Baby in the U.S. or Canada: Which is better?

Yes, Childbirth Is More Expensive in the U.S. But You Get What You Pay For.

Yes, Childbirth Is More Expensive in the U.S. But You Get What You Pay For.

What women really think about news, politics, and culture.
July 1 2013 12:38 PM

Yes, Childbirth Is More Expensive in the U.S. But You Get What You Pay For.

The Canadian woman couldn’t get her first appointment for eight months, although it was free. The American got an appointment right away, but it cost a fortune.

A pregnant woman due in six weeks walks outside the State Department on August 5, 2010 in Washington, DC.
A pregnant woman due in six weeks walks outside the State Department in Washington, D.C. Would she fare better in Ottawa?

Photo by Tim Sloan/Getty Images

When Julie Bryant found out she was pregnant, she immediately called her best friend Laura Davis, who was a brand-new mom herself. Having a child was one more life adventure the two women would get to share, after both growing up in eastern Canada, attending the same college, moving to America to attend the same medical school, becoming physicians, and getting married. Yet geography now kept them apart: After medical school, Bryant, 35, had settled in New York City, while Davis, 34, had returned to Canada.

On the phone that day, Davis pressed her: “Will you come home to have the baby?”

Despite the lure of her friends and family there, Bryant’s answer was firm. “No,” she said, “I’ll get better care if I stay in the U.S. because I can pay for it.” Was she right? A New York Times story today says that in the U.S. many pregnant women face “sticker shock” because charges for delivering a baby have tripled since 1996, making them the highest in the world. The story also posits that the increased costs don’t translate into more or better services. But that’s not exactly the experience of these two friends.

In Newfoundland, the province both women are from, the health care system is 100 percent public. Everyone gets the same access and the same care for free. You literally can’t pay for service because there are no private doctors. You also must be referred to see a specialist by your family doctor; you can’t contract with one directly for an appointment.

When Davis discovered that she was 10 weeks pregnant, she went to her regular doctor to get a referral to an OB-GYN. She was a healthy woman with a normal pregnancy, so her specialist visit was not prioritized by the system. It was so low a priority, in fact, that the first available OB-GYN appointment was when she was eight months pregnant. This is the norm, according to Davis. Until you’re a few months away from your due date, you’re seen by only your general practitioner. A study conducted in 2012 by the Fraser Institute, a leading Canadian public policy think tank, found that the median wait time in Newfoundland across all specialties from a patient’s initial visit with a general practitioner to treatment by a specialist is 26.8 weeks. “The problem is wait times,” Davis says. “Even if you have money, you can’t buy a faster appointment. If you have a high-risk pregnancy, you would get in a lot quicker, but for a normal one, you probably wouldn’t get in until your last trimester.”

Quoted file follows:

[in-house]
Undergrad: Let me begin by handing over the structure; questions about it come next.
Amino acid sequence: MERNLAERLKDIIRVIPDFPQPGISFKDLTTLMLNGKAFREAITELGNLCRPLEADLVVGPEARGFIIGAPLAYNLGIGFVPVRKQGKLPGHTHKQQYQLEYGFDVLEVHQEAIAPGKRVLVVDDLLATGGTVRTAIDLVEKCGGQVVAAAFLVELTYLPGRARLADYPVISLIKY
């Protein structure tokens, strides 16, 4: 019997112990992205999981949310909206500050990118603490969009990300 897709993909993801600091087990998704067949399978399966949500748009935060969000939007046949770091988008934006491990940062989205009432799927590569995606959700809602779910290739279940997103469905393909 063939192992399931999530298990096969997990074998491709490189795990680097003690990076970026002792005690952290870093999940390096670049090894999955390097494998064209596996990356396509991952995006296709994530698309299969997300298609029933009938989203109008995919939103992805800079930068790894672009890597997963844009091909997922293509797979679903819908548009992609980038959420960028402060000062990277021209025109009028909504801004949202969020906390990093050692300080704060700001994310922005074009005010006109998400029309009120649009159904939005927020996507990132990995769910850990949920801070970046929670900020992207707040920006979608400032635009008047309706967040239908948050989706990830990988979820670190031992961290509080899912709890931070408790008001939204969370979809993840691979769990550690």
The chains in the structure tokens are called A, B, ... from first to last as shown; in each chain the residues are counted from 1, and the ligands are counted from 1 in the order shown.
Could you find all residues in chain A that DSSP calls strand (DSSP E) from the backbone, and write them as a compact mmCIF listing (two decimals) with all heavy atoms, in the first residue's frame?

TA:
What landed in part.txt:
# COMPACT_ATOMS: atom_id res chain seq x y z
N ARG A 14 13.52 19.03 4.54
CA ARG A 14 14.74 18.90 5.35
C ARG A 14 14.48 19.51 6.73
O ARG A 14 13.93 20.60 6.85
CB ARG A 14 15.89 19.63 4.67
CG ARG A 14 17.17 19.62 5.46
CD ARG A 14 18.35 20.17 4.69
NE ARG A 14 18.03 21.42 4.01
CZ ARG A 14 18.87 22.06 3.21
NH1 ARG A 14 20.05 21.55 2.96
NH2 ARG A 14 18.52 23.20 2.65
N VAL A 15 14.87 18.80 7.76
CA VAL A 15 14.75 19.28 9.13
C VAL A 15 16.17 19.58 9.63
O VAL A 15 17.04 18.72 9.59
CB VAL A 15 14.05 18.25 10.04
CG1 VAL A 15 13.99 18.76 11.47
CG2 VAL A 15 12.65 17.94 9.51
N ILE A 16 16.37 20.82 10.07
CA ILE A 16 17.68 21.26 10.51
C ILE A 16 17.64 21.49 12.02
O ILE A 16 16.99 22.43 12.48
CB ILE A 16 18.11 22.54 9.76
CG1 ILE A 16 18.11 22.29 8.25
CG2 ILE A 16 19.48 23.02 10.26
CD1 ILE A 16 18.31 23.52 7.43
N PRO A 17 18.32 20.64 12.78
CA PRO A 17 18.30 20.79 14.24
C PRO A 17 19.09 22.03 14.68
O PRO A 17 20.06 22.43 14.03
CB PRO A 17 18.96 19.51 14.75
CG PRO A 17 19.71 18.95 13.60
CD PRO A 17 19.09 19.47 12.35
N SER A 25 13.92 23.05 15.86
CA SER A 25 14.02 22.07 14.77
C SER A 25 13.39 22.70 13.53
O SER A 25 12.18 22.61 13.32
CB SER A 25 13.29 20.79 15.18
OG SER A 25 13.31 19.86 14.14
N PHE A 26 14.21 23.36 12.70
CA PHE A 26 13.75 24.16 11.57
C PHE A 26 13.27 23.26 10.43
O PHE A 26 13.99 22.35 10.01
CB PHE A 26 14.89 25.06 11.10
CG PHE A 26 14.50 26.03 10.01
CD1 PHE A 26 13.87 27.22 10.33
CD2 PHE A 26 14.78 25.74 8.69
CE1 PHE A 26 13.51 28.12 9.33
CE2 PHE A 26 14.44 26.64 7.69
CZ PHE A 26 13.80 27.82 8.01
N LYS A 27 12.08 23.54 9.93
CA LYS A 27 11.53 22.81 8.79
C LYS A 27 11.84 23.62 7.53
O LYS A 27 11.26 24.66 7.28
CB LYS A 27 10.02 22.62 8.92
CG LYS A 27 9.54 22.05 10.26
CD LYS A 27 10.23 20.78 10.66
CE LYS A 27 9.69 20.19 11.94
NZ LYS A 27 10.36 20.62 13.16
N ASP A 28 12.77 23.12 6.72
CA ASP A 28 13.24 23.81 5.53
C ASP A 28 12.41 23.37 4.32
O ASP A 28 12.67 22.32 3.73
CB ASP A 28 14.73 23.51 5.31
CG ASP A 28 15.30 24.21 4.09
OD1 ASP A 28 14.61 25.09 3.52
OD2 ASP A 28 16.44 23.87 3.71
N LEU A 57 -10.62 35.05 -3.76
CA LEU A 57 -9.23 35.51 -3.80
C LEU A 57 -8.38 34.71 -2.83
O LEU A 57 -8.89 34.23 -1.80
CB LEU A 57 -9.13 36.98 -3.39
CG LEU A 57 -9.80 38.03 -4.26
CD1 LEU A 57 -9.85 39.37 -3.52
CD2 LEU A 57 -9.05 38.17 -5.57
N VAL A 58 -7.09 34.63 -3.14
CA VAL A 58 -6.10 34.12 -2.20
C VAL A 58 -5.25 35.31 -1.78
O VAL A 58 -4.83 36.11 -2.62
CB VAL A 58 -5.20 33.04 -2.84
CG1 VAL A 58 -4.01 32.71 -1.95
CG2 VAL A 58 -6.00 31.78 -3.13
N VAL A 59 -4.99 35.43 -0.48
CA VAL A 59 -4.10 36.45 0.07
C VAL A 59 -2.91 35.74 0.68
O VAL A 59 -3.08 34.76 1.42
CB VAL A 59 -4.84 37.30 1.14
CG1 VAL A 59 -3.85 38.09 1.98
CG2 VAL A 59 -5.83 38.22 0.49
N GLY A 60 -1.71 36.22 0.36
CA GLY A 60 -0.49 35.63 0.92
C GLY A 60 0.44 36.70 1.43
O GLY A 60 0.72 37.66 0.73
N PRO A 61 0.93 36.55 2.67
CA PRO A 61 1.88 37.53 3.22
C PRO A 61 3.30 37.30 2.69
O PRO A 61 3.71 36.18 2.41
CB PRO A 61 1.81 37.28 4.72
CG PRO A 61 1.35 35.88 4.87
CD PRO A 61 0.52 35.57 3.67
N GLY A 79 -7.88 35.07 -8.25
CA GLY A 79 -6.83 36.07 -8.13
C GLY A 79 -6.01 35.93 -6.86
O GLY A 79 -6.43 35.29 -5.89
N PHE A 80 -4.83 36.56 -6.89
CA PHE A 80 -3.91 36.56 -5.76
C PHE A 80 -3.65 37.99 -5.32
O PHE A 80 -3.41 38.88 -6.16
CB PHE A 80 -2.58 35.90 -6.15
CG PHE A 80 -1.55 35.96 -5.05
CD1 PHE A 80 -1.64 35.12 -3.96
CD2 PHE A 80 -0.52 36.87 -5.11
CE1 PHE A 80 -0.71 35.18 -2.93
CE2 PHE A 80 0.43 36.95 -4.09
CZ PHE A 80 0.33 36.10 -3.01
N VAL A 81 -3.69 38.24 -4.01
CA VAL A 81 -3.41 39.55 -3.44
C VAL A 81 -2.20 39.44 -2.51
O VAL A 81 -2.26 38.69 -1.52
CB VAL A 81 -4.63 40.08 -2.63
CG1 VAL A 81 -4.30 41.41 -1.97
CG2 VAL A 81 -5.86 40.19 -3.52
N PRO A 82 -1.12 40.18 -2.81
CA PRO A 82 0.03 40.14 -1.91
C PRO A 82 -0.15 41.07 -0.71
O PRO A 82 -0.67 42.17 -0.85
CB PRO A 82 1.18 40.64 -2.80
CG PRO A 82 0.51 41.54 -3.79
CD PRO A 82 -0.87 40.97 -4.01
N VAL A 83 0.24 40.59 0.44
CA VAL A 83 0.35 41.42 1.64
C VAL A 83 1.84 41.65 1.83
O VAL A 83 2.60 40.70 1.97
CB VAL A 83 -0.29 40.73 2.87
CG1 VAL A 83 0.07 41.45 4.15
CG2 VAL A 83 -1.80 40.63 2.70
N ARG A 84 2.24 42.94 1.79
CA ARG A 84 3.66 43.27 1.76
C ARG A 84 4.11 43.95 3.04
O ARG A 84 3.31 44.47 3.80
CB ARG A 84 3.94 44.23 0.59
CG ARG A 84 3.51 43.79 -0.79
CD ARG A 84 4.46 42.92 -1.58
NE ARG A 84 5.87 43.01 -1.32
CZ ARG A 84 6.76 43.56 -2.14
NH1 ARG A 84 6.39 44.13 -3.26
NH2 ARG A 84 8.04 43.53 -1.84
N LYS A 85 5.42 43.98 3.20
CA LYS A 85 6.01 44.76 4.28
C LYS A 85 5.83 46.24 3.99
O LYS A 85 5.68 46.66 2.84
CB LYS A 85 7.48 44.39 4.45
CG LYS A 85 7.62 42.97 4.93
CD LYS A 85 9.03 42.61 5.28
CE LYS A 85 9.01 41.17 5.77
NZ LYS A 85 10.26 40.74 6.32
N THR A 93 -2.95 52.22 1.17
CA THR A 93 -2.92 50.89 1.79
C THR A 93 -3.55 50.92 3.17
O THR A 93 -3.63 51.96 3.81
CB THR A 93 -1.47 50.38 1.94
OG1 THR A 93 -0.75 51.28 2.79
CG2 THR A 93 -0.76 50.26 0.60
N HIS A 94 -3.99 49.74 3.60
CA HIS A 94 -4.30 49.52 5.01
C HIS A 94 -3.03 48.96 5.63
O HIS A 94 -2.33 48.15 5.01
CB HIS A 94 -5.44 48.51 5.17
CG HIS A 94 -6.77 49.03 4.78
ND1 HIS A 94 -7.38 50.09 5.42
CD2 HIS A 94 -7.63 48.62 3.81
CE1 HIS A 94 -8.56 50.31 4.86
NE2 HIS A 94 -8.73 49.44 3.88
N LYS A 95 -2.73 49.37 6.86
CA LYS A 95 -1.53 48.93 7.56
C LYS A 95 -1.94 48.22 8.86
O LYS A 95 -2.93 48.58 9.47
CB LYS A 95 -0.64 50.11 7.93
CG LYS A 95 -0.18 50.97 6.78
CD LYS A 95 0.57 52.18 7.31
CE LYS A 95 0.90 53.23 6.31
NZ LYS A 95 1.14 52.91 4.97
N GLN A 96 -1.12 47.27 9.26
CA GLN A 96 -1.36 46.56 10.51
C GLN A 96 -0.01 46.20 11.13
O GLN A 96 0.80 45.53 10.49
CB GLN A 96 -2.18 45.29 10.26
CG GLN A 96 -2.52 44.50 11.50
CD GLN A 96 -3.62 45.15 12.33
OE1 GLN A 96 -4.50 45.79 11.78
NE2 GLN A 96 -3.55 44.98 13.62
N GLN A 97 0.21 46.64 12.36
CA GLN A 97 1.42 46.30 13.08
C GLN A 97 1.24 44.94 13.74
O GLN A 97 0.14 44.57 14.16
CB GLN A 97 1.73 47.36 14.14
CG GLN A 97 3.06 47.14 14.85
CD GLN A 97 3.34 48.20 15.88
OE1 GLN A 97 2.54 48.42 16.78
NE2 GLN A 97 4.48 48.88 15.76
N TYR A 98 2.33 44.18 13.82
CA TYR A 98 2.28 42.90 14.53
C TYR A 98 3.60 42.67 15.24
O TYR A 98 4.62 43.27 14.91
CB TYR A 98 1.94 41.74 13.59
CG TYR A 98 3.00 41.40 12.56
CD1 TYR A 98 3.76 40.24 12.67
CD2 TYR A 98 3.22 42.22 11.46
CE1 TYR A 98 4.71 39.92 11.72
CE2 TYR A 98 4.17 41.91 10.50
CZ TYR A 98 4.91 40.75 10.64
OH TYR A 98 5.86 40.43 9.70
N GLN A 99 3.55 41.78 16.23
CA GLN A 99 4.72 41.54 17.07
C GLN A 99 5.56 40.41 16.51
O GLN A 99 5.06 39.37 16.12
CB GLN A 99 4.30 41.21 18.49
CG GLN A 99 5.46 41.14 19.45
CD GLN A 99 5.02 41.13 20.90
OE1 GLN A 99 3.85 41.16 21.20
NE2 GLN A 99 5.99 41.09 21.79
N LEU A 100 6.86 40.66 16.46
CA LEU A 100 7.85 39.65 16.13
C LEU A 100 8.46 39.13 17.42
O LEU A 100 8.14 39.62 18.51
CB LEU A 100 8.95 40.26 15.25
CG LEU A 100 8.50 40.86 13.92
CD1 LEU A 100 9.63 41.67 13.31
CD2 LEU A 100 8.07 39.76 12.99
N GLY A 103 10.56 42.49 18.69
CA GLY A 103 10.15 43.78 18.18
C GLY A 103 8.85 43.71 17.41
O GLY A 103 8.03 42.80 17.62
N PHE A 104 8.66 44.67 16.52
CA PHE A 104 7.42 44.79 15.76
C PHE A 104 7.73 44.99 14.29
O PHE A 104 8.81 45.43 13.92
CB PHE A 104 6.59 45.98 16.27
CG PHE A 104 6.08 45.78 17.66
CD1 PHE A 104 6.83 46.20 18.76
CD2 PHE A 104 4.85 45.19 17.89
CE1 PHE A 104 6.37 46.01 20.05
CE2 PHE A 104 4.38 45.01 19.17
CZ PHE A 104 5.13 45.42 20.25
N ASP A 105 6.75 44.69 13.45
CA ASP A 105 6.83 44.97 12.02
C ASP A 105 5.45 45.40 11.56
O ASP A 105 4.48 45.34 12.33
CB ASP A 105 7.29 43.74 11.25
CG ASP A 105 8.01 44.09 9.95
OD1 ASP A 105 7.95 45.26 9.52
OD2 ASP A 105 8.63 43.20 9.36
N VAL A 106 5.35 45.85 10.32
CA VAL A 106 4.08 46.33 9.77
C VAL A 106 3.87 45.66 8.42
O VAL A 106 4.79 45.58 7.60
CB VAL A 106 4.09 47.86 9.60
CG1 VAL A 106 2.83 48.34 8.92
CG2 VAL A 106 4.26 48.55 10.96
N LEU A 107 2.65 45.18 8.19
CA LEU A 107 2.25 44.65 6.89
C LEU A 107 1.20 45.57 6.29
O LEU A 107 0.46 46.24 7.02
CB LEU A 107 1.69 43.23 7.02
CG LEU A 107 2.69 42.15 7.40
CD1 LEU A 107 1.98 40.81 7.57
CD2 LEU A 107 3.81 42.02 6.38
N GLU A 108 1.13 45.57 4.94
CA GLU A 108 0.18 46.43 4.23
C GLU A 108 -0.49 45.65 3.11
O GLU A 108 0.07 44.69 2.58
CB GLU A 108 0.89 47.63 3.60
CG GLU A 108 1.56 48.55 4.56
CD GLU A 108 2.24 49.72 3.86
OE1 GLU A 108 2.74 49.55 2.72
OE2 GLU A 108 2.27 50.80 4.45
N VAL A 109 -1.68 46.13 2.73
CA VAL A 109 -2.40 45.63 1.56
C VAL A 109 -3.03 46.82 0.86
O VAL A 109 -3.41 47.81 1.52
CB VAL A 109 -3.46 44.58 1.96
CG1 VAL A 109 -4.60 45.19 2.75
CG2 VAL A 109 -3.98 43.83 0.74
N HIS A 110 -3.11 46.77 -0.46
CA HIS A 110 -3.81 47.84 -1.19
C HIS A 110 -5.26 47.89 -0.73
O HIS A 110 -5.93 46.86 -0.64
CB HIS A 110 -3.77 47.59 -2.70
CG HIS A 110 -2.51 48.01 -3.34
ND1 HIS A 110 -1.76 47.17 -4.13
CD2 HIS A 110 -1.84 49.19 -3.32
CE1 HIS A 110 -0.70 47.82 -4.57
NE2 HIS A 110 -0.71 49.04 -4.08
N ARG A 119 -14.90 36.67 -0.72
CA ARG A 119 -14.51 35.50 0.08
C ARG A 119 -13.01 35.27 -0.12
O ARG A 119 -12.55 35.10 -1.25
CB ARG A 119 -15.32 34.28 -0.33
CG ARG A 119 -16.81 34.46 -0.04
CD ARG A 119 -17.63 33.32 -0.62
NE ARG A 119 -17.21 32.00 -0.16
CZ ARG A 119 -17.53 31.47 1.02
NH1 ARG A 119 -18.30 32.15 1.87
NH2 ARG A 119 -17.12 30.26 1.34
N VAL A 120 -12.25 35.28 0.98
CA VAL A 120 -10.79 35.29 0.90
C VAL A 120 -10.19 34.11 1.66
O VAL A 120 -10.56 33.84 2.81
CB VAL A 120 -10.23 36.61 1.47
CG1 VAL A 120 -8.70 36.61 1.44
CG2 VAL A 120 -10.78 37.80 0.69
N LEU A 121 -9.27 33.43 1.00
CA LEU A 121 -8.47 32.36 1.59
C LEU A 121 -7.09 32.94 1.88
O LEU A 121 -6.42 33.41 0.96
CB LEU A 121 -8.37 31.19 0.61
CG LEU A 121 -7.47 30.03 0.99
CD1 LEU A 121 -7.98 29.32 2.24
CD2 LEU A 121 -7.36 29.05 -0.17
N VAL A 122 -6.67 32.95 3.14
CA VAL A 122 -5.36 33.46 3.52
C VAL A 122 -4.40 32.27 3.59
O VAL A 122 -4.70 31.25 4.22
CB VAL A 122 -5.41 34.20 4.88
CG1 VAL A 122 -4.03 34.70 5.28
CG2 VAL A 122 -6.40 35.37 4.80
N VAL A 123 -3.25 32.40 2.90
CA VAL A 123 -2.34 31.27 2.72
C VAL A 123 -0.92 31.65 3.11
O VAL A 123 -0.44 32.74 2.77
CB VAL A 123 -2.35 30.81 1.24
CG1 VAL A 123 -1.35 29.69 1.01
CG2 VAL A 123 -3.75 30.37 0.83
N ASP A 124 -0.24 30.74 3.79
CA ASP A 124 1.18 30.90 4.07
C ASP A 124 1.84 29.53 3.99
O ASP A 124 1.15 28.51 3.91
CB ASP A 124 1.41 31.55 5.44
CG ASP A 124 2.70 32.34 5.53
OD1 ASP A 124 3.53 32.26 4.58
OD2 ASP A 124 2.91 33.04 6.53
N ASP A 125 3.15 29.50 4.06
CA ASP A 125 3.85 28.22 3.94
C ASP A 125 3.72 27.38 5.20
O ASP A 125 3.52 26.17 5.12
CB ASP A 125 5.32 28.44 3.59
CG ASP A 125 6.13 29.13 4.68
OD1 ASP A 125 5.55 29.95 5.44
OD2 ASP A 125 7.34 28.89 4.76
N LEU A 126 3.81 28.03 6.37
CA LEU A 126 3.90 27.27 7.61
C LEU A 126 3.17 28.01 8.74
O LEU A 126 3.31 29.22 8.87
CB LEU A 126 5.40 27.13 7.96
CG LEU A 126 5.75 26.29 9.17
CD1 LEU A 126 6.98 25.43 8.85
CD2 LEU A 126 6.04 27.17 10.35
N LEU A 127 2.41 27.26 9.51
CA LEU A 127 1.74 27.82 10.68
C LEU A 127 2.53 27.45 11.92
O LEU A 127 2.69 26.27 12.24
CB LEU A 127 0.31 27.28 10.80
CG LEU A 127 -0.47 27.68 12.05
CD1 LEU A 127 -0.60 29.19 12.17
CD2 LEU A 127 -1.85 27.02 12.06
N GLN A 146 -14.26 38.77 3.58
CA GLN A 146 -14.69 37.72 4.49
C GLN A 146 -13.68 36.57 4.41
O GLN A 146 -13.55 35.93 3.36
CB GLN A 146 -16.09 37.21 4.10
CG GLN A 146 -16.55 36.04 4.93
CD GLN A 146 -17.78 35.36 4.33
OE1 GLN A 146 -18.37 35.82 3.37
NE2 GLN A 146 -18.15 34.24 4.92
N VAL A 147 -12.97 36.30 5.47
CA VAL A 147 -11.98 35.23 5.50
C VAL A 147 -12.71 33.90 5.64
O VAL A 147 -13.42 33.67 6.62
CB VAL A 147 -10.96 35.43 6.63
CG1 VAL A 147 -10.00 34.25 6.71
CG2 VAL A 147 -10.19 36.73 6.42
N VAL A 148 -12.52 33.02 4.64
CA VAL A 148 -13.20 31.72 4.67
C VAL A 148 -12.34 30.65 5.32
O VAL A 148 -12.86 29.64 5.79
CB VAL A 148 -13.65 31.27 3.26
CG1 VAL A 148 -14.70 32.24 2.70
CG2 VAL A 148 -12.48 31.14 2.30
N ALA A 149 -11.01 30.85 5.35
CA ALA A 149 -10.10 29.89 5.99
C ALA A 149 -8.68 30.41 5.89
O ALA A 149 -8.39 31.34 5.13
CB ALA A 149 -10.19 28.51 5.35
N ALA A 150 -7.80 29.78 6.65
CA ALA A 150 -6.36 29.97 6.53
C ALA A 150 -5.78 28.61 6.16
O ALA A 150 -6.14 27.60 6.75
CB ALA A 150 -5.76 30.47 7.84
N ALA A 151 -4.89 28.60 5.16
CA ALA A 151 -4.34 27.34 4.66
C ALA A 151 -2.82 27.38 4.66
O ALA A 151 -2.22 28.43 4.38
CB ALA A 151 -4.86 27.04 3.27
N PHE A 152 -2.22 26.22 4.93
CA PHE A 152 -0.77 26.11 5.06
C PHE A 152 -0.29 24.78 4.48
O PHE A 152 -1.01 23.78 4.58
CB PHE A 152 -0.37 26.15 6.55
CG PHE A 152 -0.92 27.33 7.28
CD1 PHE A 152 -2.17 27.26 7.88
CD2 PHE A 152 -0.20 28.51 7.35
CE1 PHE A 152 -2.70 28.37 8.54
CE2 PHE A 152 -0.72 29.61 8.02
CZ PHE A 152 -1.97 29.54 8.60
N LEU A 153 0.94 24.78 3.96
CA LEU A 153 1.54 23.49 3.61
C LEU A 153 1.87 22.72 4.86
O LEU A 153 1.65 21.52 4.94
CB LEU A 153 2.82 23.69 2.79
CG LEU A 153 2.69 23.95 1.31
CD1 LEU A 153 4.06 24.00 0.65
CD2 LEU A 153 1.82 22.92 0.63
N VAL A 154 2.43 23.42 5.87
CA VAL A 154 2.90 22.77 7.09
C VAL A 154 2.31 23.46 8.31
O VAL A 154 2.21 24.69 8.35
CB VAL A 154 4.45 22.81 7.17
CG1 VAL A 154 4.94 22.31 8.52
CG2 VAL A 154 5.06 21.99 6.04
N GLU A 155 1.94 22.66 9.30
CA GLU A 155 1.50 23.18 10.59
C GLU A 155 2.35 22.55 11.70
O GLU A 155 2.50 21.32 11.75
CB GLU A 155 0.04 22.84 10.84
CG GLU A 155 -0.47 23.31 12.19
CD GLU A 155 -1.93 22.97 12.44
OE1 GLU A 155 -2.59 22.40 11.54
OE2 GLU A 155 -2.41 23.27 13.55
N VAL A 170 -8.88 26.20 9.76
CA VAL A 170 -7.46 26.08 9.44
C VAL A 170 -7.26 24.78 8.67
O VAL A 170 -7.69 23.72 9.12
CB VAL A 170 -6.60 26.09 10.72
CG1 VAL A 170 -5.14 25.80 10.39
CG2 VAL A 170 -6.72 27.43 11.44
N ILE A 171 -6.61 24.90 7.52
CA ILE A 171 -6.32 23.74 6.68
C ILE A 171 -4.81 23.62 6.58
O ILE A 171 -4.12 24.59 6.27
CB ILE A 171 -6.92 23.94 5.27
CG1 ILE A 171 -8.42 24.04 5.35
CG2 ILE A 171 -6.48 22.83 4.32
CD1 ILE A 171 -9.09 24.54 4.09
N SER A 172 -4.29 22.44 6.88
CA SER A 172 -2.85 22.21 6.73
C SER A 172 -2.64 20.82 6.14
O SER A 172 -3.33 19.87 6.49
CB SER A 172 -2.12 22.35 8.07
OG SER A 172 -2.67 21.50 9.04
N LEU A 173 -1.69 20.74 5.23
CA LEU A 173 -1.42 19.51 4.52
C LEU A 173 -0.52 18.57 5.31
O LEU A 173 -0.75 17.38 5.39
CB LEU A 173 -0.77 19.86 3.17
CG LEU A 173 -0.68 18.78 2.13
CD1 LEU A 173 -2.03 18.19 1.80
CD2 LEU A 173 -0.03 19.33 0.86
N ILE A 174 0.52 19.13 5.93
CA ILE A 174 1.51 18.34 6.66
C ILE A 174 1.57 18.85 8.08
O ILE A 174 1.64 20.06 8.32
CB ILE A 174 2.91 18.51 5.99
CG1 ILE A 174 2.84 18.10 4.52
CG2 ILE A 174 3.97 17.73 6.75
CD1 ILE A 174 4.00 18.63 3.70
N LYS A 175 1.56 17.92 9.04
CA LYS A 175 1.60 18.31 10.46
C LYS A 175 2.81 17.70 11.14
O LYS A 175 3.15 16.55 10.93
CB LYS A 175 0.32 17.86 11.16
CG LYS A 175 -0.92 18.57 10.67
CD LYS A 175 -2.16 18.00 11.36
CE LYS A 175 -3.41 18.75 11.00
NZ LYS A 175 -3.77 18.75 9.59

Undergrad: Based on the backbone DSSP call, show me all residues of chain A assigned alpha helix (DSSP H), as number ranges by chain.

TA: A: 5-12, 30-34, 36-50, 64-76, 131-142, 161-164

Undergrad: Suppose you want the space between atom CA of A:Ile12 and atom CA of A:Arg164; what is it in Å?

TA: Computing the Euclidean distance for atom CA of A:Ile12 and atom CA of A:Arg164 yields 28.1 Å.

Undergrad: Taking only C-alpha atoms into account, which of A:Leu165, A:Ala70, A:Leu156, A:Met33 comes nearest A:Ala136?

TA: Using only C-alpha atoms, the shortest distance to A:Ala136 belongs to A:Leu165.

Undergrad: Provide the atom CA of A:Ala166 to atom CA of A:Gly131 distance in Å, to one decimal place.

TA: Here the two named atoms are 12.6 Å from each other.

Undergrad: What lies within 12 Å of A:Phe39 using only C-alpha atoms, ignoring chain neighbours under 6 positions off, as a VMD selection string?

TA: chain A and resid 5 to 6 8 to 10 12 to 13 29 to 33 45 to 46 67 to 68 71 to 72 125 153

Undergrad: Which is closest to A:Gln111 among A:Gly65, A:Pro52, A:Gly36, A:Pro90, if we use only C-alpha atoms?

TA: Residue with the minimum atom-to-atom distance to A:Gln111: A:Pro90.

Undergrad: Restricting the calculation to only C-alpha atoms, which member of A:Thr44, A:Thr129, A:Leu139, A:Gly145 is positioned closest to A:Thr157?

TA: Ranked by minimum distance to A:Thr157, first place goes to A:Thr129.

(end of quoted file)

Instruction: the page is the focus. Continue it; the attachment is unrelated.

Davis managed to work the system, but only because she is a doctor herself. She was able to “make a few calls” and get in to see an OB whom she knew, after only a few weeks of waiting. It also likely helped that she developed some minor health issues that needed to be addressed, bumping her up on the wait list. The average woman could potentially work the system if she was insistent enough, but Davis had the advantage of being able to personally call the physician’s secretary to secure her appointment.

For the duration of her pregnancy, Davis visited her OB every few weeks. Each time, she would spend about an hour in the waiting room for a 10-minute visit. If she had concerns or questions between visits, she could either call the doctor’s secretary or go to the walk-in case room of the local hospital, a triage area set up like an emergency room for pregnant women who need to see a doctor. There, she could see a nurse until the resident doctor on call was available, which would take about an hour. To see an attending physician at all, she would have to be in actual labor or have a serious issue, and the wait would be several hours. Still, she was one of the lucky ones.

Meanwhile, on the other side of border, Bryant found herself navigating a very different health care system. Bryant, then 34, initially chose to see a practitioner at a clinic that accepted her insurance. “But she never remembered anything about me from visit to visit,” Bryant recalls. “She spent no more than three minutes during our appointments.”

The lack of attention became more than a mere nuisance when Bryant began throwing up so profusely that she couldn’t keep down water. After repeated attempts to reach the doctor through her answering service, Bryant finally got a call from a different doctor “who sounded like she was at a nightclub.” This new doctor told her that she was sick because she was pregnant.